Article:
Michael Kaplan has more than 20 years of senior level finance experience, primarily with publicly traded companies. He has led teams at both corporate and division levels ranging in size from start-up to over $1.5B in revenue. He has also has been involved with over 10 mergers, acquisitions, and divestitures, as well as capital raises including public debt and bank lines. His roles include both domestic and international assignments including Vice President, Finance at Activision Blizzard and Vivendi Universal as well as Treasury while at THQ Inc.
We sat down with him ahead of his presentation at the FP&A for High-Tech Summit, taking place in San Francisco this April 18–19.
Can you tell us a bit about how you got started in finance and what first sparked your interest?
I got started in finance as an undergrad, where I did an internship doing investment research. I enjoyed using the skills I had learned in Math and Economics classes to help analyze and value a company. What I discovered from that role was that while I liked doing the analysis, I wanted to work inside a company where I could add value by affecting change within the company. As a result of this early exposure, I have ended up leading domestic and international corporate finance initiatives for the past 20+ years in global publicly traded companies.
How has the role of the finance function changed over the last decade? What do you see as having been the main drivers behind this?
The finance function has become much more than the traditional reporting and accounting role that we were all familiar with a decade ago. Leading global businesses now recognize the finance function as a strategic partner that adds value to management by bringing analysis and a unique perspective to allocation of resources and long-term strategic decisions.
One of the main drivers for this has been that businesses are now reaping the benefits of investments in automation. This has freed up time and resources, allowing the finance function to focus on the areas of planning and analysis, rather than the classic accounting function of reporting and control.
Do you think executives' perceptions of finance leaders as accountants still prevent them taking up a role as a strategic partner in their organizations? If so, how can they overcome this?
Executives’ perceptions of finance leaders I have worked with vary, but most expected me to be both their strategic partner as well as the driver of the accounting function of the organization.
When I have been in the situation where the executive sees only the accountant, I have inserted myself into the organization as deep as possible to learn about the business. This included going on account calls, visiting vendors, or acting as a thought partner. By doing this, I gained the ability to ask the right questions and add value not just on the accounting side, but also as a strategic partner, or when necessary as a business operator.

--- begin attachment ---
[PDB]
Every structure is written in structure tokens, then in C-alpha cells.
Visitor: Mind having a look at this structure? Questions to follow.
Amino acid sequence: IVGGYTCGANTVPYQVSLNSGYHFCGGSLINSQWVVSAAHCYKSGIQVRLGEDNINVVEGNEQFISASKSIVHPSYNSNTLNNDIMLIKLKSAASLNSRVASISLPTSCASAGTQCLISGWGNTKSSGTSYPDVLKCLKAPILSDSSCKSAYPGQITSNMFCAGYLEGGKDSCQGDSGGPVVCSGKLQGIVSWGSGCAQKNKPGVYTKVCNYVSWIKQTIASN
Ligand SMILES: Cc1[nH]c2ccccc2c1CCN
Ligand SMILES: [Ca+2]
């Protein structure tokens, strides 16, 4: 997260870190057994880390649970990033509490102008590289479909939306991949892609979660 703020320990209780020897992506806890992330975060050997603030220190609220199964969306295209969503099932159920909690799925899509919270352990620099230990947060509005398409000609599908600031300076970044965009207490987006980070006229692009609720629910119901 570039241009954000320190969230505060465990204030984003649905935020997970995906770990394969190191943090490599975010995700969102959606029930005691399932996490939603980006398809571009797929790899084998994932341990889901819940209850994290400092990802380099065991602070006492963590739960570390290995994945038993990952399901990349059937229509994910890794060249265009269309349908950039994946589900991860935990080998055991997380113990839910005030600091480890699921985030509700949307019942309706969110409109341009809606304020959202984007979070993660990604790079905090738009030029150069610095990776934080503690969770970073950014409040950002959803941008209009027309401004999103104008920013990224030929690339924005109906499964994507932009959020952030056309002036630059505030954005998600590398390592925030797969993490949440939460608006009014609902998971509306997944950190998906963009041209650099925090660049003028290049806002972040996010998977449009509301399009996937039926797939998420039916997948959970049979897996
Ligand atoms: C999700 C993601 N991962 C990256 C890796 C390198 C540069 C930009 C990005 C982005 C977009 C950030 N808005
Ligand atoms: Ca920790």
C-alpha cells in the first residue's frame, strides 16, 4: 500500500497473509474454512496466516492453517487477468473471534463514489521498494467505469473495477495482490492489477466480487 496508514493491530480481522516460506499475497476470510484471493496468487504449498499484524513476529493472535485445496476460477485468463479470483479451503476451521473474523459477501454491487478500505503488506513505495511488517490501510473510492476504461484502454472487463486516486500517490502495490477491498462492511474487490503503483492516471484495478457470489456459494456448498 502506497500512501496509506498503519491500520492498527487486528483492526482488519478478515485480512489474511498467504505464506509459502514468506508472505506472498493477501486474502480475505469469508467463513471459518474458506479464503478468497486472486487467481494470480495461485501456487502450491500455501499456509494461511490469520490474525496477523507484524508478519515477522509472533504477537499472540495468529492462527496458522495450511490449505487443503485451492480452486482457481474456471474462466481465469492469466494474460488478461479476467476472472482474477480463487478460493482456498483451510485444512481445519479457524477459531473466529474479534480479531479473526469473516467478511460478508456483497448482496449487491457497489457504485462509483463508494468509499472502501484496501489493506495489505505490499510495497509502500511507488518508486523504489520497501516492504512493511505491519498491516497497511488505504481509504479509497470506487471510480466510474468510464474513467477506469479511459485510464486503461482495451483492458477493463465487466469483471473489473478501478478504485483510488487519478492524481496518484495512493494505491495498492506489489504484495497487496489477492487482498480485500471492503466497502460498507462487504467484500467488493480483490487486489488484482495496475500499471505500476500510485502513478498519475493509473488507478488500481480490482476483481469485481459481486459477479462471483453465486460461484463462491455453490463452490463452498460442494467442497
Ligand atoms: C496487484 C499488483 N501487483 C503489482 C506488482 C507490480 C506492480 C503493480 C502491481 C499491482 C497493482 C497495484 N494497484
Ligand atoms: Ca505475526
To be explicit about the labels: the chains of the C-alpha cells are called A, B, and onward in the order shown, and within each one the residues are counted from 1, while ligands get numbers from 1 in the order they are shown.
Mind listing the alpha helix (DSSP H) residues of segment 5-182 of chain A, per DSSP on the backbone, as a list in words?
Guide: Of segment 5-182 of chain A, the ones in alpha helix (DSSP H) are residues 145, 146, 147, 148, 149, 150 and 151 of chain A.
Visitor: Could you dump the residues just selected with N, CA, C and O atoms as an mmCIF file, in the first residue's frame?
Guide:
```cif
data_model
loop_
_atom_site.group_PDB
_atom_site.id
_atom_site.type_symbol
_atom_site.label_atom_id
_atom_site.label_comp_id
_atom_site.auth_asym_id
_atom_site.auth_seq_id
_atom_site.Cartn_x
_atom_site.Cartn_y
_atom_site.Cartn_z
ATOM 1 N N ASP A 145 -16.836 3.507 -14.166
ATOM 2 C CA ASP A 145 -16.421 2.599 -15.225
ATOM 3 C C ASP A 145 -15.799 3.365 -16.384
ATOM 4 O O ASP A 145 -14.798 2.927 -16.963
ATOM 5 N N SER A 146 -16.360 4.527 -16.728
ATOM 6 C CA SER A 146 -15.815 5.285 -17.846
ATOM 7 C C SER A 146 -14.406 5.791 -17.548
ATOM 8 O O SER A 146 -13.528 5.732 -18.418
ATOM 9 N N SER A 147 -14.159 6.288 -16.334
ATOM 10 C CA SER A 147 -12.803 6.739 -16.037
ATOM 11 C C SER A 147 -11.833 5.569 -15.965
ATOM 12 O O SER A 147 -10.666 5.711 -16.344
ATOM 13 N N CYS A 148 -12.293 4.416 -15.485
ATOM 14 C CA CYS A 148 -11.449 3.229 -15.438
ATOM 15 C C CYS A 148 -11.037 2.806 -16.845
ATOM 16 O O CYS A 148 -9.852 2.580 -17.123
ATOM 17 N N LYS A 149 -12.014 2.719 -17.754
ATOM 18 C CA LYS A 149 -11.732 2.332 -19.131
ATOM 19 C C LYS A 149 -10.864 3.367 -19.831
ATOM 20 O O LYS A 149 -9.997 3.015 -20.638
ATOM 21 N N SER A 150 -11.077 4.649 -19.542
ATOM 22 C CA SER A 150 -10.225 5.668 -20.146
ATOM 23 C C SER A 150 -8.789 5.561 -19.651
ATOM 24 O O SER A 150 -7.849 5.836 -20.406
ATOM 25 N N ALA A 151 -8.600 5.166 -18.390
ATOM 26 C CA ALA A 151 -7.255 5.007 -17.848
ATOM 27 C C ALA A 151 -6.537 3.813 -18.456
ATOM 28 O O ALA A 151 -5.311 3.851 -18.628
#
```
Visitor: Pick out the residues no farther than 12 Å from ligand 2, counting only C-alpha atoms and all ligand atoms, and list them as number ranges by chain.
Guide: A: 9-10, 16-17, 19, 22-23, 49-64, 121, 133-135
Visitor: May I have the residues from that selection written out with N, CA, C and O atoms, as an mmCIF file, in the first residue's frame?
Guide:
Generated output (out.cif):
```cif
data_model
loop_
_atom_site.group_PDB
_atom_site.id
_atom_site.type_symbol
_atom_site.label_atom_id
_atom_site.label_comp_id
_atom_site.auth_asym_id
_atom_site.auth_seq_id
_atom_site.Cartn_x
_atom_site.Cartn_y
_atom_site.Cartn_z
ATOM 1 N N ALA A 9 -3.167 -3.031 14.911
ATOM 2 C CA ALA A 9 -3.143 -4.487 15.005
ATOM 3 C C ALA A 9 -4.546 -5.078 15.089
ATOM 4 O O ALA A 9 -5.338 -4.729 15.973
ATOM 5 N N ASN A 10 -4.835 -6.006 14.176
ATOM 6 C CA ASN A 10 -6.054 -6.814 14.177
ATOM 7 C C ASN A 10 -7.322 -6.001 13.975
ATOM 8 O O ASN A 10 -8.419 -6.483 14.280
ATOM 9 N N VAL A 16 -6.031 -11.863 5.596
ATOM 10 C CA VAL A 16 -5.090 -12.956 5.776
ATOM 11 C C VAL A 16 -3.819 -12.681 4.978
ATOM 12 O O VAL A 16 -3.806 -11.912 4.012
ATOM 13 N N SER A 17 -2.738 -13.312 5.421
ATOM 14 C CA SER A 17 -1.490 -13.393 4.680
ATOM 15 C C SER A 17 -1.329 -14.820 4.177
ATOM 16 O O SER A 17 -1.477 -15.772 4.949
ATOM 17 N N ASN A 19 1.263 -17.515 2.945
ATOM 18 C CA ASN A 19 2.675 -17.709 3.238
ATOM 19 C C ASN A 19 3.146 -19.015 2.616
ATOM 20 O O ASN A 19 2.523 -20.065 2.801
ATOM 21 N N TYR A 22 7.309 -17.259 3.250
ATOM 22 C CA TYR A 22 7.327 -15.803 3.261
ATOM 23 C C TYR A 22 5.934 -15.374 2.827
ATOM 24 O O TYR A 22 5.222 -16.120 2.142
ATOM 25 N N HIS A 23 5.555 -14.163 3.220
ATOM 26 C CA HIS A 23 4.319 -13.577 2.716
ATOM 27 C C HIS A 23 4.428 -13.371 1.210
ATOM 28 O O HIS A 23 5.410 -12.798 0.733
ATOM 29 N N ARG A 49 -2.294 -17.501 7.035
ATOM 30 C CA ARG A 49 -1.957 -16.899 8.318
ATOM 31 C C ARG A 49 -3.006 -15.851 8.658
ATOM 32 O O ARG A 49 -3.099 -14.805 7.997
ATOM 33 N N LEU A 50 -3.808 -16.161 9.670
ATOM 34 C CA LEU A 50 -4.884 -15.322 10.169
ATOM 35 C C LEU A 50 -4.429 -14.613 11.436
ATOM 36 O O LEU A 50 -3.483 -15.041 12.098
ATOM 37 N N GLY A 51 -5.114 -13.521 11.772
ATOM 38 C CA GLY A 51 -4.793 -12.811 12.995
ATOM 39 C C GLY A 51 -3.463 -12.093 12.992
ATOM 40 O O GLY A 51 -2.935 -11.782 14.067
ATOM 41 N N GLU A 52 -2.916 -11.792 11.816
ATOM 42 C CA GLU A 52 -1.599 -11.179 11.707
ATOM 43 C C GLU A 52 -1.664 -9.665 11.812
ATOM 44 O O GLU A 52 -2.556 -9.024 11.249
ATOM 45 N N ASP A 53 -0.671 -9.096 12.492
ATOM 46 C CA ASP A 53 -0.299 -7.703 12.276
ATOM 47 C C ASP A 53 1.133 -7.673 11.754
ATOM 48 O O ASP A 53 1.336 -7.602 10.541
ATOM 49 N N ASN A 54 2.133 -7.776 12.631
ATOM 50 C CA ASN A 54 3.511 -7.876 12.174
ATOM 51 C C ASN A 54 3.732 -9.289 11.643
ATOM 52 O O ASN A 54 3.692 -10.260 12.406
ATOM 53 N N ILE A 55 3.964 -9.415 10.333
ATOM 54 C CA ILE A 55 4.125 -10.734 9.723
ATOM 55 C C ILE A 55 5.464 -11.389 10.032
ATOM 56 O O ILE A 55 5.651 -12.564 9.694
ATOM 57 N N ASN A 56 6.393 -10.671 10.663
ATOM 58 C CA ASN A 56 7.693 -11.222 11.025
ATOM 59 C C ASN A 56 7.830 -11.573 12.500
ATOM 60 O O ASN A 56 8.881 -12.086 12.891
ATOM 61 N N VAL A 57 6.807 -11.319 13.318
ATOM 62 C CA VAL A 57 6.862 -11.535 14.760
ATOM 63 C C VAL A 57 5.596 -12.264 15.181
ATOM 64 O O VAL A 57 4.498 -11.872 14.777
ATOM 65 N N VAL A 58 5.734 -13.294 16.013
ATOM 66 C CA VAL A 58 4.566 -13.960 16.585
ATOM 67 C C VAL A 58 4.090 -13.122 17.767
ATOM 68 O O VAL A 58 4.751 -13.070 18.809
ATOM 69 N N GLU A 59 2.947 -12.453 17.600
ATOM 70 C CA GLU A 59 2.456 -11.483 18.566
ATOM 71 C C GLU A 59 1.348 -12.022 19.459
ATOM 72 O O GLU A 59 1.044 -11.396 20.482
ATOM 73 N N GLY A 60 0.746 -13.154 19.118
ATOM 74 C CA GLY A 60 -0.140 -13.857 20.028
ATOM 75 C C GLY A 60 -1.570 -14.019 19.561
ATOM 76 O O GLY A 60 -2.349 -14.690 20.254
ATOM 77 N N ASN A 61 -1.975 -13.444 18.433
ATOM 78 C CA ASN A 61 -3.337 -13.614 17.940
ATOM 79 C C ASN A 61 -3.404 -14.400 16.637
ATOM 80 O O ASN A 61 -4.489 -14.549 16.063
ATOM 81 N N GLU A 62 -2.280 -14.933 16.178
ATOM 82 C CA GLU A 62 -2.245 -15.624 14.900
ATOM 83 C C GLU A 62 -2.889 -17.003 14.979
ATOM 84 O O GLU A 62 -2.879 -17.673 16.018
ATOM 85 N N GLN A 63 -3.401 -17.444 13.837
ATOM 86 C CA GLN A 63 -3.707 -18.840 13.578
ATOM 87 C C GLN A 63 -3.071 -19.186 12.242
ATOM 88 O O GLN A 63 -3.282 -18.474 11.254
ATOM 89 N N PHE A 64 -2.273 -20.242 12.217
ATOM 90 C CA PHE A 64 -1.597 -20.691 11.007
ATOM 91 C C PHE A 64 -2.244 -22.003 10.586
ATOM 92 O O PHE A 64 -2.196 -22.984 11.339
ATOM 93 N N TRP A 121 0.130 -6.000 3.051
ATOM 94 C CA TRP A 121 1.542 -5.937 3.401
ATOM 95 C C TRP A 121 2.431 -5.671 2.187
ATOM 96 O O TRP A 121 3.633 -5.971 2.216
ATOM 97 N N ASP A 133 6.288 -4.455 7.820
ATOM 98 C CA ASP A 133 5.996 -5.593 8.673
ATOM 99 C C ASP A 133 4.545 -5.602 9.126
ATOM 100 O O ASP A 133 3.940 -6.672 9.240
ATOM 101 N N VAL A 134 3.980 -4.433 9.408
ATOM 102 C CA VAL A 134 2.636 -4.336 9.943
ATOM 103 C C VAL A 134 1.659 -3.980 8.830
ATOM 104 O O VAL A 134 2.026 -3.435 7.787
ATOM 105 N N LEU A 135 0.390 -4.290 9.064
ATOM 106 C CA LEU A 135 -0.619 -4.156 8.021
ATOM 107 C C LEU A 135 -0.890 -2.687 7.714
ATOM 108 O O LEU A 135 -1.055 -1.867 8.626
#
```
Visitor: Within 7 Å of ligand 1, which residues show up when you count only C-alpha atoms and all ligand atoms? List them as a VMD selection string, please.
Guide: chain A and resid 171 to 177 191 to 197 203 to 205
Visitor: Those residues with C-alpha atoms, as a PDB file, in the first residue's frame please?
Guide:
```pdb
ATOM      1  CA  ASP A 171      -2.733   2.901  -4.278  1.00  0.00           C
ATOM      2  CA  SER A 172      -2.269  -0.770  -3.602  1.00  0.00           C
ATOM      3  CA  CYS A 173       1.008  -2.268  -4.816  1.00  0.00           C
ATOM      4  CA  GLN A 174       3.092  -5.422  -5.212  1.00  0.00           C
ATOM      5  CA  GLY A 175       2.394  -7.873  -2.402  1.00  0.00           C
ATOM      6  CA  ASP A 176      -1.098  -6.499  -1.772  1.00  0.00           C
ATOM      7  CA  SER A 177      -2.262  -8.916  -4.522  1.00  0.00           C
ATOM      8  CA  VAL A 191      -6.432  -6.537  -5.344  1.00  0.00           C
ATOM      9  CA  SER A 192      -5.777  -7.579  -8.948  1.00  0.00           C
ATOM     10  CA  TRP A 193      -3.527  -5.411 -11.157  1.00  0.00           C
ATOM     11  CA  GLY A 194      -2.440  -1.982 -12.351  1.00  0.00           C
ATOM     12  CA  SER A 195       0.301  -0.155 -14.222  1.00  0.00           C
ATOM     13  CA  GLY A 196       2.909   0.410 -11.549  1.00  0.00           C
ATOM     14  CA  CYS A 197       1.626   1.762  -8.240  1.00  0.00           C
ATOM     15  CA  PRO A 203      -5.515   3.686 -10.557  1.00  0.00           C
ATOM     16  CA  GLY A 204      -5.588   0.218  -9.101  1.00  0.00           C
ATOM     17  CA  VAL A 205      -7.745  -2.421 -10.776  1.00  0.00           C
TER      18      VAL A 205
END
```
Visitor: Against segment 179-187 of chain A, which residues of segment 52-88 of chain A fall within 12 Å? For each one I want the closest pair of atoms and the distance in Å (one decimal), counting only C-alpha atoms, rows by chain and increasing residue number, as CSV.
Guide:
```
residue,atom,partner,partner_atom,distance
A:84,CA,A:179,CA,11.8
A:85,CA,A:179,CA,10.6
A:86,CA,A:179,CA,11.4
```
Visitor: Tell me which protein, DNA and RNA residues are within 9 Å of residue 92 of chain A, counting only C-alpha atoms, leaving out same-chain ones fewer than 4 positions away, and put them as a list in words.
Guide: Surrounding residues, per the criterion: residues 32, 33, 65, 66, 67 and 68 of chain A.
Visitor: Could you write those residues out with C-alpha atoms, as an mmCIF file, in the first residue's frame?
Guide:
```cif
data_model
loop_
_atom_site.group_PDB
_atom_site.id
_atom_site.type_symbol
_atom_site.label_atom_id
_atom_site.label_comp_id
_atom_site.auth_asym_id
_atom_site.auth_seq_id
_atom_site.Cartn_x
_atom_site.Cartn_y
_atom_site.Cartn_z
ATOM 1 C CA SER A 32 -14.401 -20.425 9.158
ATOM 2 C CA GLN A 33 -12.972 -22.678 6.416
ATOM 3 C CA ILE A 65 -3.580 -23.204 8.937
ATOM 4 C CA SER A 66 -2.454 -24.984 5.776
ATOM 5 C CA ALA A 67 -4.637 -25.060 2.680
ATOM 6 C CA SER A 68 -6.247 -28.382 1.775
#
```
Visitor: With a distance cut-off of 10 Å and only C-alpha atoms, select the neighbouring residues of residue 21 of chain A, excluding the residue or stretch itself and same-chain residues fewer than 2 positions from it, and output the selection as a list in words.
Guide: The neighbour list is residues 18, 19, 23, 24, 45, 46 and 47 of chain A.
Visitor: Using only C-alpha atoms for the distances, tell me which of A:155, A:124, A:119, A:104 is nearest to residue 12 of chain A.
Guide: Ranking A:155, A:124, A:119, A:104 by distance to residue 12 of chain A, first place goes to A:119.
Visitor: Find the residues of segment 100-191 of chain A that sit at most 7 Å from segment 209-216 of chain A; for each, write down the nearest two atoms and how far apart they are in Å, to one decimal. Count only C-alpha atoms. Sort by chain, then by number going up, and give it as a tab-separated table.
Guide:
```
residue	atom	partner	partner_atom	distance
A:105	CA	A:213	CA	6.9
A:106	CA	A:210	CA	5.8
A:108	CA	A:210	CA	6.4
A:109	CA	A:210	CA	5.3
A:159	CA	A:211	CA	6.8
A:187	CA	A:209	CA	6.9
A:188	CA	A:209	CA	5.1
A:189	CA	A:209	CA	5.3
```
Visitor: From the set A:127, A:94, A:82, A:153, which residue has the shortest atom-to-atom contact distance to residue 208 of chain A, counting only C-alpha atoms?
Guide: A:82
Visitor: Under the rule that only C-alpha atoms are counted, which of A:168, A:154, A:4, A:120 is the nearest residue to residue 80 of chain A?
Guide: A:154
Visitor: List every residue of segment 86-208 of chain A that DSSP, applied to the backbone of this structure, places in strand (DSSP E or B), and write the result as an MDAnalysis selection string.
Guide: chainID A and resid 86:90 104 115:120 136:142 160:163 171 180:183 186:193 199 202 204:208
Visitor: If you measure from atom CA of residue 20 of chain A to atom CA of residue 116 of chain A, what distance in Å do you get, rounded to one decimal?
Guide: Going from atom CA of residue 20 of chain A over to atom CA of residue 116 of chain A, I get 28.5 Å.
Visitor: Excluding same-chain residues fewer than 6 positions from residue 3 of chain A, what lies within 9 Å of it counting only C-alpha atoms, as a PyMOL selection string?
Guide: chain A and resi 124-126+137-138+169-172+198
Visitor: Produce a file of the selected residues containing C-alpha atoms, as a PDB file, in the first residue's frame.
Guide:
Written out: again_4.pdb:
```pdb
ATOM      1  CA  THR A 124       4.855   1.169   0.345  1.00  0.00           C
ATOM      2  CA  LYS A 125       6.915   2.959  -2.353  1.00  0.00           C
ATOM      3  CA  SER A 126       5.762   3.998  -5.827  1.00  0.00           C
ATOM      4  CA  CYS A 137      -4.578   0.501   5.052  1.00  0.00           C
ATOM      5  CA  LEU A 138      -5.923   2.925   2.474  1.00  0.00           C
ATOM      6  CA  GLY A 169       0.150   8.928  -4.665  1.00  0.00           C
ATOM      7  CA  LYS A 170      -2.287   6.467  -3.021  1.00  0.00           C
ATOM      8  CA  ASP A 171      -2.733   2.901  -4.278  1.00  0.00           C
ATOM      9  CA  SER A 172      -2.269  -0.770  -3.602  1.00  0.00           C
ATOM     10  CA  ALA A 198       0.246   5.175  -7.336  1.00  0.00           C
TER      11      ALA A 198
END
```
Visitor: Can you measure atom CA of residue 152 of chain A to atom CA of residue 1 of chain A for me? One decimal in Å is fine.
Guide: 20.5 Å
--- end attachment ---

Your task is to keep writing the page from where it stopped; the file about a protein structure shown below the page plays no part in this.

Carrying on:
What do you see as being the most important thing to consider when forecasting during a period of sustained growth? What else can finance leaders do to drive growth?
When forecasting sustained growth, finance leaders need to resist the natural inclination to believe that historical assumptions will continue to hold true in the future. We should always be willing to stress test assumptions. Great finance leaders simultaneously look at both upside and downside scenarios and are not shy to invest to continue to fuel growth.
In terms of helping to drive this growth, we finance leaders need to focus on ways to determine efficient allocation of capital and resources, and not just focus on cost reductions. We should also ask questions that push the business leaders to not just think incrementally, but rather think of creating new products or bringing the product to a new market. One other way to help to drive growth is to focus on flawless execution of a strategy.
What do you see as the finance function’s role in innovation of new products?
There are several ways that the finance function contributes to the innovation of new products. In forward-thinking organizations, finance helps to determine how resources are allocated and to create a product strategy by being embedded directly in the product development team. The key to this type of effective partnering is to use our analytical skillset to bring a level of rigor to the decision making. One that focuses on not just creativity or market size, but one that balances those with the understanding of the costs associated with driving profitability.
What do you see as the biggest challenge facing the High-Tech industry?
Not taking decisions to make changes to investment plans when there are disruptive technologies is one of the biggest challenges facing the High-Tech industry. Because demand can increase so rapidly, the consequences of decisions (or lack of decisions) get magnified in many of these scenarios due to the amplification created by the very large platforms that are prevalent in the High-Tech industry. The challenge is also the greatest opportunity. As a finance person, our responsibility is not just to report on the changing market place, but also to collaborate with the business to create strategies to take advantage of the emerging opportunity.
What will you be discussing in your presentation?
My presentation will focus on how to manage FP&A in a high growth scenario, using the example of the transition to digital sales in the video game industry.
You can hear more from Mike, along with other finance leaders, at the FP&A for High Tech Summit. You can view the full agenda here.